Feature

How hidden costs become very real when recruitment goes wrong

By September 25, 2017 No Comments
Recruitment

The next time you need to service your car, it would undoubtedly be cheaper in the short-term if you called up a few friends and tackled the job together.

However, unless your friends are mechanics, the chances are the short-term savings will very quickly be obliterated by the longer term costs of fixing the damage they do to your car in the process.

As crazy as it sounds, this is the same approach many organisations take to recruitment.

“We’ll just save the cost of paying a recruitment specialist and do it ourselves,” is a mantra many companies very quickly realise is a time-consuming and costly false economy, or, as we call it, saving money in an expensive way. And it’s deeply inefficient.

There are undoubtedly short-term financial savings to be made if you go through the recruitment process yourself, but what about the costs you may not see?

There are short-term financial savings if you recruit yourself, but what about the costs you may not see? Click To Tweet

So what does this really cost your business?

Lost sales

There are two ways inefficient recruitment can damage your sales forecast – one is in your delay to recruit and the other is in recruiting the wrong person. For example, if your sales representative is expected to bring in $3 million in turnover a year but you delay the recruitment process by six months because you aren’t sure where to begin, don’t have the dedicated time, or are not sure where to look to find the right person, that’s a loss of around $1.5 million to your business.

There are two ways inefficient recruitment can damage sales – one is in your delay to recruit & the other in recruiting the wrong person. Click To Tweet

Similarly, if you hire the wrong person and it takes you six months to get them up to speed, you’re copping the same cost.

Your hiring manager’s time

The simple equation here is that your hiring manager’s time is worth more than a recruiter’s and, let’s face it, they’re better equipped. By the time they’ve perfected the job ad, posted it where they hope it will be found (and forked out more cash for that), and sorted through and vetted potential candidates – they’ve already invested a lot of time and money– and they haven’t even started interviews yet.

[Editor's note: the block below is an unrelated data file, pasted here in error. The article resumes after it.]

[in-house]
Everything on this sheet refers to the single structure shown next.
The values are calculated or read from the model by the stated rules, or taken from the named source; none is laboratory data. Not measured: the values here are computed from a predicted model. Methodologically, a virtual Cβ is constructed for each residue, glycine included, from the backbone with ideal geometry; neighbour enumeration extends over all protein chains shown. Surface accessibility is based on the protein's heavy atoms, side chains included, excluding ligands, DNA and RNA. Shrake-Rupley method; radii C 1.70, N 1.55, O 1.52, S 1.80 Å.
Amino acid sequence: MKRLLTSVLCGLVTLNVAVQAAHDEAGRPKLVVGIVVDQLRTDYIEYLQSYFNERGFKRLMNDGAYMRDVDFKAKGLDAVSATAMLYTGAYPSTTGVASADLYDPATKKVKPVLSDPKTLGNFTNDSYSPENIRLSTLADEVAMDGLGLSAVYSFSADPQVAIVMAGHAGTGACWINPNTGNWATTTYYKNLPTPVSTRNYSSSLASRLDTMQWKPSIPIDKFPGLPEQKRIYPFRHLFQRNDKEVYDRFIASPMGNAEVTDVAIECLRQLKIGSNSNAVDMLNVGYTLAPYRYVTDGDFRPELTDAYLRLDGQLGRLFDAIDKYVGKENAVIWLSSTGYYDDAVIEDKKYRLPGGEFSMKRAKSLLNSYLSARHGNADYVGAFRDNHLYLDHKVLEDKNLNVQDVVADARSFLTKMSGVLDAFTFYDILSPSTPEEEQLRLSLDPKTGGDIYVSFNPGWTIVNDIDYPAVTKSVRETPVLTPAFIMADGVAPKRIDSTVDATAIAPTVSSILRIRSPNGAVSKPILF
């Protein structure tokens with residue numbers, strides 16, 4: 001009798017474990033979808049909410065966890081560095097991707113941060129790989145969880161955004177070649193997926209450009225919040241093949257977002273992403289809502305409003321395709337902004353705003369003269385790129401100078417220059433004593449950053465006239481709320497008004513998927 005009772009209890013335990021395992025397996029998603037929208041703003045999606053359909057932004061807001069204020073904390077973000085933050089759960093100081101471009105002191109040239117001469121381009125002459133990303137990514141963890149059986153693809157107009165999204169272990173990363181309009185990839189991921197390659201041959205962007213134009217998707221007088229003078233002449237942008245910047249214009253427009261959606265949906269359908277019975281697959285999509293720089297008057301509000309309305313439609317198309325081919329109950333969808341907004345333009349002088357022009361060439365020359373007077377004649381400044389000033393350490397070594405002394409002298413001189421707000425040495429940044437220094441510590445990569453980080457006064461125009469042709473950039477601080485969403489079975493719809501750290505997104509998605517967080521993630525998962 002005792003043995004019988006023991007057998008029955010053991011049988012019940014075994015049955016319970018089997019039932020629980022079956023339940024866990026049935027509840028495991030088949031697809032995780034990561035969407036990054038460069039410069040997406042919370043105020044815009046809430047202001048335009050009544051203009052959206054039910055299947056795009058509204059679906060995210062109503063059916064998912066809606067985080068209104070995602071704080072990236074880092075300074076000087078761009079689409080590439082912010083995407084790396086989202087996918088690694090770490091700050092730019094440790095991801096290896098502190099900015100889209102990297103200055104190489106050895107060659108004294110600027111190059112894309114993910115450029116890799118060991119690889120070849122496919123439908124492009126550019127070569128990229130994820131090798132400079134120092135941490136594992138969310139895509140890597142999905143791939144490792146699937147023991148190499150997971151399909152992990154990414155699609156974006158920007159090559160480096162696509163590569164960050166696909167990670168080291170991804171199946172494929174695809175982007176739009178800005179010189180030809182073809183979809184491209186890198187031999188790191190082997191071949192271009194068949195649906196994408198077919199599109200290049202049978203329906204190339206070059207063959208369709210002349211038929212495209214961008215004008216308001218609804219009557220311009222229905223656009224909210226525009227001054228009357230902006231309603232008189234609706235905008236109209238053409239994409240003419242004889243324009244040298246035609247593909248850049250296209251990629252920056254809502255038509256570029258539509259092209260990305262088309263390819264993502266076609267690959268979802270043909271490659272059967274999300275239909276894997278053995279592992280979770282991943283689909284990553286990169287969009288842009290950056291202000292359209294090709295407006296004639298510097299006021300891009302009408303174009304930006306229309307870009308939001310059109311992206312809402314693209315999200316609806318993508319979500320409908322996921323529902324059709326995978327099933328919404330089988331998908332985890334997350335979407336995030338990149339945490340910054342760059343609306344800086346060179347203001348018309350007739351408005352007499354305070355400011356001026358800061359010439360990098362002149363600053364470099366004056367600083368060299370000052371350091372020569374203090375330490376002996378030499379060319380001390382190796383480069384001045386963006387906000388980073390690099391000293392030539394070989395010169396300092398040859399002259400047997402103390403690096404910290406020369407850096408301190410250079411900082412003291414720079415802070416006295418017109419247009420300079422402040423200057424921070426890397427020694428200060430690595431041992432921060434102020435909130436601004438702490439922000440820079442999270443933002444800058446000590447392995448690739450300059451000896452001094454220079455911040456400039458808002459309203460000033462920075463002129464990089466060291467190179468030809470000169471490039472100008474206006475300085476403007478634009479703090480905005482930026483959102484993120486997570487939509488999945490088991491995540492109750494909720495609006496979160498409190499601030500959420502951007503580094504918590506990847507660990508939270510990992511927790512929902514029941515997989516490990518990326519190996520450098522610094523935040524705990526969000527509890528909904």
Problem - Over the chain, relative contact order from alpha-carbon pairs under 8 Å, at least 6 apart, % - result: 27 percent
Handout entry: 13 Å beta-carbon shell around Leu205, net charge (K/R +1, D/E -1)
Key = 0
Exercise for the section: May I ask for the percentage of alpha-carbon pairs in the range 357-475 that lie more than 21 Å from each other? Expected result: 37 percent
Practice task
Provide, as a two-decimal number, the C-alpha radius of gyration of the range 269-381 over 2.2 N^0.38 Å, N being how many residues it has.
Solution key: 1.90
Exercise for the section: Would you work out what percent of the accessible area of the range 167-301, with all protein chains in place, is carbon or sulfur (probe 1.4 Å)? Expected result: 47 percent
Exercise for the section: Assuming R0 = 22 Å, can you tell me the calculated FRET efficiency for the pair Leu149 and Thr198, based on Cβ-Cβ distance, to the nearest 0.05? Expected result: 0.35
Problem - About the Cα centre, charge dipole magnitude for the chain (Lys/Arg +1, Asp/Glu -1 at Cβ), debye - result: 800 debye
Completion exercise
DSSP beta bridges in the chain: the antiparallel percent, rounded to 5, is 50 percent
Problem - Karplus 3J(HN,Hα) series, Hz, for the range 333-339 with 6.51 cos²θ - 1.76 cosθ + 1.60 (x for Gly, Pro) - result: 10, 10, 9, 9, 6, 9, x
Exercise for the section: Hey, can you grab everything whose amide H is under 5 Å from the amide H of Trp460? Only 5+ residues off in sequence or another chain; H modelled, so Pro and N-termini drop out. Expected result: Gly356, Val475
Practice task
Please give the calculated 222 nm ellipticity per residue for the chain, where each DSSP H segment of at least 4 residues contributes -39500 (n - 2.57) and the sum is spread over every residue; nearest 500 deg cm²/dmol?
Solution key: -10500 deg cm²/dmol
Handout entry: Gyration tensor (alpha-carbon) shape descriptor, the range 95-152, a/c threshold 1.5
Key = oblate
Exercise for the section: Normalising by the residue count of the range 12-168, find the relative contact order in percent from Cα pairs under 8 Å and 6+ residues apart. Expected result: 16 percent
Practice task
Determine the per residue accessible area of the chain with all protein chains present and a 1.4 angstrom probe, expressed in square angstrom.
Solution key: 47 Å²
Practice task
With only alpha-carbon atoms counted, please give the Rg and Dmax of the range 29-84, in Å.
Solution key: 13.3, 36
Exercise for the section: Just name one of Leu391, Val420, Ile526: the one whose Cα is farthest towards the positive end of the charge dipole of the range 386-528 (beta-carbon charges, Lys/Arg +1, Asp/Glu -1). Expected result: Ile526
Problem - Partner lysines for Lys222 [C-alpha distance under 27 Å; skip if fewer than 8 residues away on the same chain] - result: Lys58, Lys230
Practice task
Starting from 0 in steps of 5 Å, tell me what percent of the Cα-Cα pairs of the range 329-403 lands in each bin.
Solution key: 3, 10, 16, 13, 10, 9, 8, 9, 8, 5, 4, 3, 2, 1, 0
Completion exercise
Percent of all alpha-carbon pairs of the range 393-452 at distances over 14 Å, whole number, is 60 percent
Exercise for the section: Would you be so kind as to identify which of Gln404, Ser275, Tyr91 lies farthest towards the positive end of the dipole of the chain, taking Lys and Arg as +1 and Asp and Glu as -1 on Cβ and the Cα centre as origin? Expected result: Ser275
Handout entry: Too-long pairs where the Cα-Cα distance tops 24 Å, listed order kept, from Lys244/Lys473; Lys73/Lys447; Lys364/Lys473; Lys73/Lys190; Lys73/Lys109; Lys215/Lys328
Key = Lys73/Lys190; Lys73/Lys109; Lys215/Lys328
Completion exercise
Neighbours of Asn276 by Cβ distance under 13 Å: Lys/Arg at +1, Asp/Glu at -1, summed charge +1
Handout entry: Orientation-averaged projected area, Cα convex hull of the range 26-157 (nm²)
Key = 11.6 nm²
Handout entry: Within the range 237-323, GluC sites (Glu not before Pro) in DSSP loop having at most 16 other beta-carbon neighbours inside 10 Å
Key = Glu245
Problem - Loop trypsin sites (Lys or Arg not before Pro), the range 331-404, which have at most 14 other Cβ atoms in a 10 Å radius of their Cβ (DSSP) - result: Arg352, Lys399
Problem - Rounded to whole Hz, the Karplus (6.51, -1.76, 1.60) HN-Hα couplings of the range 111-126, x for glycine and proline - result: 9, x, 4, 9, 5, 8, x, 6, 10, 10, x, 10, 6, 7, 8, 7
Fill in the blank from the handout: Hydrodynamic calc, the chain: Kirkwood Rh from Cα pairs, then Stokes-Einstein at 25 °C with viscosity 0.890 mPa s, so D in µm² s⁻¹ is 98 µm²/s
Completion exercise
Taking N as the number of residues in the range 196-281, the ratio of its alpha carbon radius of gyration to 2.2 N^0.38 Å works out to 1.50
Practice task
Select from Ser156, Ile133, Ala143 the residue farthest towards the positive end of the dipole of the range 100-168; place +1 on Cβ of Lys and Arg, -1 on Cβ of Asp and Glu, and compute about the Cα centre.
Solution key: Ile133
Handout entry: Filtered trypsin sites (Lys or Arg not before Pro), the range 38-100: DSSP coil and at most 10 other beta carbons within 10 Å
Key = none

Training staff

When individuals are hired for a sales team without using vital sales skills assessment data, the red flags will appear after it’s already too late. And the cost of replacing and training will take your breath away.

We see it happen far too often – the candidate has shown up great on paper and nailed the interview, but without undergoing skills-matching tests and relevant assessments, what they’re really going to bring to the table remains a mystery. And it’s a costly one for the sales teams we work with that need to achieve big sales targets.

The difference between a high-performing sales executive and an inappropriate hire with the wrong skills or mindset can be significant lost sales, lost time and reputation damage – then you need to start the process again, and bring them up to speed fast. And those re-training costs can bite hard.

Staff turnover

It is not uncommon for a company to employ someone they think is the right person for the job only to be back recruiting after six months. That’s a potential loss of half of your annual forecasted turnover, and you need to face the recruitment process and costs again.

Varied research shows it can cost up to 80% of an annual salary to run a successful recruitment campaign.

So what do you do differently to ensure you don’t go down this costly path?

Use assessment data and get it right the first time

Organisations need to consider the short- and long-term costs of their recruitment strategy. This process needs to be treated seriously like any other key plan in developing the company’s future footprint.

It’s also important for companies to use the power of data to ensure they are finding the right people, the first time. The hiring process should no longer be solely based on “gut feel”. Recruitment, if carried out with the right assessment tools, can be far more of an exact science now.

For example, we recently worked with a company who had a sales team of six members with a combined annual turnover of $12 million. Of this team, there was one clear stand-out sales gun who delivered half of the company’s revenue on their own.

Using a psychology-based survey and assessment, they could pinpoint the exact behaviours of the gun sales member they had already and use it as a blueprint to identify similar sales professionals to increase the size of their team with, in turn, their turnover.

This sales skills assessment data allows companies to tailor their recruitment process to be exact in identifying skills, attitude and the selling style of the candidates to complement the needs of your organisation, the fit with the rest of the team,  and your future growth plans.

Following a recruitment process where you eliminate gut feel with the use of an accurate sales skills assessment tool combined with a robust on-boarding process ensures you will have a much better chance of finding the right sales professional for your company – the first time.